The third instance I have seen is when a board of masters (of lower rank than the leader) decide that they all want to follow their leader and feel he/she should have the highest rank attainable, and they promote them as an organization. To me, this instance seems every bit as meaningful as being promoted by a higher ranking individual. Don't get me wrong, generally speaking I'm not in favor of groups of lower ranking black belts getting together and promoting their instructors to a higher rank. However, in the instance of an organization head being promoted by a group of masters that have dedicated their lives to an art, I think it is a different situation.

I have no judgement either way. I can see the pros and cons of each situation. I'm curious to hear others thoughts on this.
Addressing what I think was a question you asked in here (and if this wasn't one of your intended questions, I'm answering it anyway!)...

If someone decides to be the head of their own organization, they may determine that they don't yet meet the criteria they set for the highest rank. For instance, if the primary requirement for being 5th dan was to have had 3 students promoted to 3rd dan and actively teaching at the same time for more than a year, they may hold themselves at 4th dan until they can meet that requirement.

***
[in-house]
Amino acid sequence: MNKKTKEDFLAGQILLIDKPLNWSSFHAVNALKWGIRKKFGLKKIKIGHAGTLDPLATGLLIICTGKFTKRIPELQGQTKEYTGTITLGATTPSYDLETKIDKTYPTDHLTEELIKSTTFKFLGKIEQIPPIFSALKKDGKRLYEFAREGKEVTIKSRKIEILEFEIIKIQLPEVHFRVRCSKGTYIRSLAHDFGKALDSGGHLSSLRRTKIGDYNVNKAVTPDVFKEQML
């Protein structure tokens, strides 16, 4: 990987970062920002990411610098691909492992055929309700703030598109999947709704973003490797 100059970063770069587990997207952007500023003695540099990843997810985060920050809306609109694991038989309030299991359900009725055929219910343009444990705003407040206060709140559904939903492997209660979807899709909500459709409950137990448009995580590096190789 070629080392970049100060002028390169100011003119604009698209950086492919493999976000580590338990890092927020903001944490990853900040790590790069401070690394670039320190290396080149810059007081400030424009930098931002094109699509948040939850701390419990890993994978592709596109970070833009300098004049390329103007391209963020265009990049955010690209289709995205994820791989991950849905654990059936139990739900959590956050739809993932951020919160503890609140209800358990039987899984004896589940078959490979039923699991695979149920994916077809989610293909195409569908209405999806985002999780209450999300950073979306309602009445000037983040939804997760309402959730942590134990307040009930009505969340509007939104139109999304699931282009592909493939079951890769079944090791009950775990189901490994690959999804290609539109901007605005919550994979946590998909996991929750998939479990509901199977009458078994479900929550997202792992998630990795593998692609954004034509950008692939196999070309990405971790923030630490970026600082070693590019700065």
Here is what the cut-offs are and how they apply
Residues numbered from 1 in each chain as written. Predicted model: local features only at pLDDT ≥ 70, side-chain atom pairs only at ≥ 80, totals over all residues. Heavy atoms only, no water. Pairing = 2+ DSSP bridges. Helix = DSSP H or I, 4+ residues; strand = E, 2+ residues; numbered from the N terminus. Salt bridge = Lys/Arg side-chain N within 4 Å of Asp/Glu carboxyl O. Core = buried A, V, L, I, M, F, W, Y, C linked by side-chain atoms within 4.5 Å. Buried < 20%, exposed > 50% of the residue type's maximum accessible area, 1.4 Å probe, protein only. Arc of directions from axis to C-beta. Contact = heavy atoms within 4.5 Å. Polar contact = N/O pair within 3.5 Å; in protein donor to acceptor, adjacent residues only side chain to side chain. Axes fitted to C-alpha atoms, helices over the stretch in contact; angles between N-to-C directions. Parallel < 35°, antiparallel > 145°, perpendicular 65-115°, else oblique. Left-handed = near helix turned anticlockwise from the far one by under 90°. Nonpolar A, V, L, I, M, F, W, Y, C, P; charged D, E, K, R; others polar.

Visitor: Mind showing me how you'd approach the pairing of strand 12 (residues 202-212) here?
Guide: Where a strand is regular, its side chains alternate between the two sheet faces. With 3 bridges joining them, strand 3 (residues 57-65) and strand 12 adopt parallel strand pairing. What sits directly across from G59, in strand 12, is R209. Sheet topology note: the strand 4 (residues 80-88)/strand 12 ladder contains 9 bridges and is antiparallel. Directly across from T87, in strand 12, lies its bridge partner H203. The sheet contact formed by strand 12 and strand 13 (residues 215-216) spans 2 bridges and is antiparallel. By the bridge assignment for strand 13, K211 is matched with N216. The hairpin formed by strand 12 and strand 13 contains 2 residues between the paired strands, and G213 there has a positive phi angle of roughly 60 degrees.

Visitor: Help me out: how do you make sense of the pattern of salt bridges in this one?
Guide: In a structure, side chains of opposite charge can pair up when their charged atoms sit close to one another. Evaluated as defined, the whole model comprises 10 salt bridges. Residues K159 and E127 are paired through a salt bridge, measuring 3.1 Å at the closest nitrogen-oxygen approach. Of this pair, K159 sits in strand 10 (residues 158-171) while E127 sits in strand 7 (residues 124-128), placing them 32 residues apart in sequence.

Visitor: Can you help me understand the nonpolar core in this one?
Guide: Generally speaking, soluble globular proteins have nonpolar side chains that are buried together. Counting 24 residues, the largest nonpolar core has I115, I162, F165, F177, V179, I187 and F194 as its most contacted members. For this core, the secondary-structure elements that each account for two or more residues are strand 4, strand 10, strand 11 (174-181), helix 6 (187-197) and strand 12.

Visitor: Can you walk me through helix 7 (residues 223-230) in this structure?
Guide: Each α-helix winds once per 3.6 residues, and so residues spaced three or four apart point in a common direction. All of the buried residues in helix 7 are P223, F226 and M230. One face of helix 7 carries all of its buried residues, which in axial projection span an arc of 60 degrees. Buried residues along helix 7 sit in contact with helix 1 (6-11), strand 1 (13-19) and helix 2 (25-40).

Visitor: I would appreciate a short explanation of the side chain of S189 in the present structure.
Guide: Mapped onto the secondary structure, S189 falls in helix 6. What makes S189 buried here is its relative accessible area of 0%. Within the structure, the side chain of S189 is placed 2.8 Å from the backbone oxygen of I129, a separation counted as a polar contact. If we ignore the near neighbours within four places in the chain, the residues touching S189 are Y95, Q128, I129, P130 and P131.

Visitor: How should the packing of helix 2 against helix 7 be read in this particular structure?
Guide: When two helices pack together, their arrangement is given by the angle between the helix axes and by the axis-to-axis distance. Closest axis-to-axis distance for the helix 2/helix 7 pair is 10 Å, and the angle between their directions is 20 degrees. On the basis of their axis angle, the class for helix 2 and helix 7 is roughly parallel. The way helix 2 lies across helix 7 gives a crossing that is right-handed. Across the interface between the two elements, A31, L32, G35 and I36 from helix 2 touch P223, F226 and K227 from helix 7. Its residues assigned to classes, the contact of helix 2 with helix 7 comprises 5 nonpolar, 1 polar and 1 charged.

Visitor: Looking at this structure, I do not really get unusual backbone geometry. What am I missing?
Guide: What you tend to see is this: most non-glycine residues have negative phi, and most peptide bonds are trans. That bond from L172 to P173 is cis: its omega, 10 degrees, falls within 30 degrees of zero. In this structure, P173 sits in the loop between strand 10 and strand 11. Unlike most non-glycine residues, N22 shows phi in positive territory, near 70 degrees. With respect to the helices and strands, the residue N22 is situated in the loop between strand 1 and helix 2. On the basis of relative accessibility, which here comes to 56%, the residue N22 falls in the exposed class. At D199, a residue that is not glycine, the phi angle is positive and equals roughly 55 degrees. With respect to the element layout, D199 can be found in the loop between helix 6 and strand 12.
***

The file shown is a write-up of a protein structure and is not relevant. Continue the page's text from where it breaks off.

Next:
I can give an example from my own experience. I never actually met the requirement in my own system for the designation of "master instructor" (I didn't use traditional ranks above a point, so the instructing designations were separate), because that would require having 2 students qualified as "instructor", which I never did...within that system. I was ambitious in setting out the promotion/certification guidelines, on the offhand chance I'd ever get to use them. Had I somehow managed to actually grow that system, at some point I'd have met that requirement.

I chose to use the designation, anyway, because I'd met it in my previous experience, and there wasn't anyone else who'd be able to certify any of my students to instructor besides me, so it seemed sensible. I don't think it would have made any difference either way if the system had ever grown to where it mattered.
 

HighKick

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Addressing what I think was a question you asked in here (and if this wasn't one of your intended questions, I'm answering it anyway!)...

If someone decides to be the head of their own organization, they may determine that they don't yet meet the criteria they set for the highest rank. For instance, if the primary requirement for being 5th dan was to have had 3 students promoted to 3rd dan and actively teaching at the same time for more than a year, they may hold themselves at 4th dan until they can meet that requirement.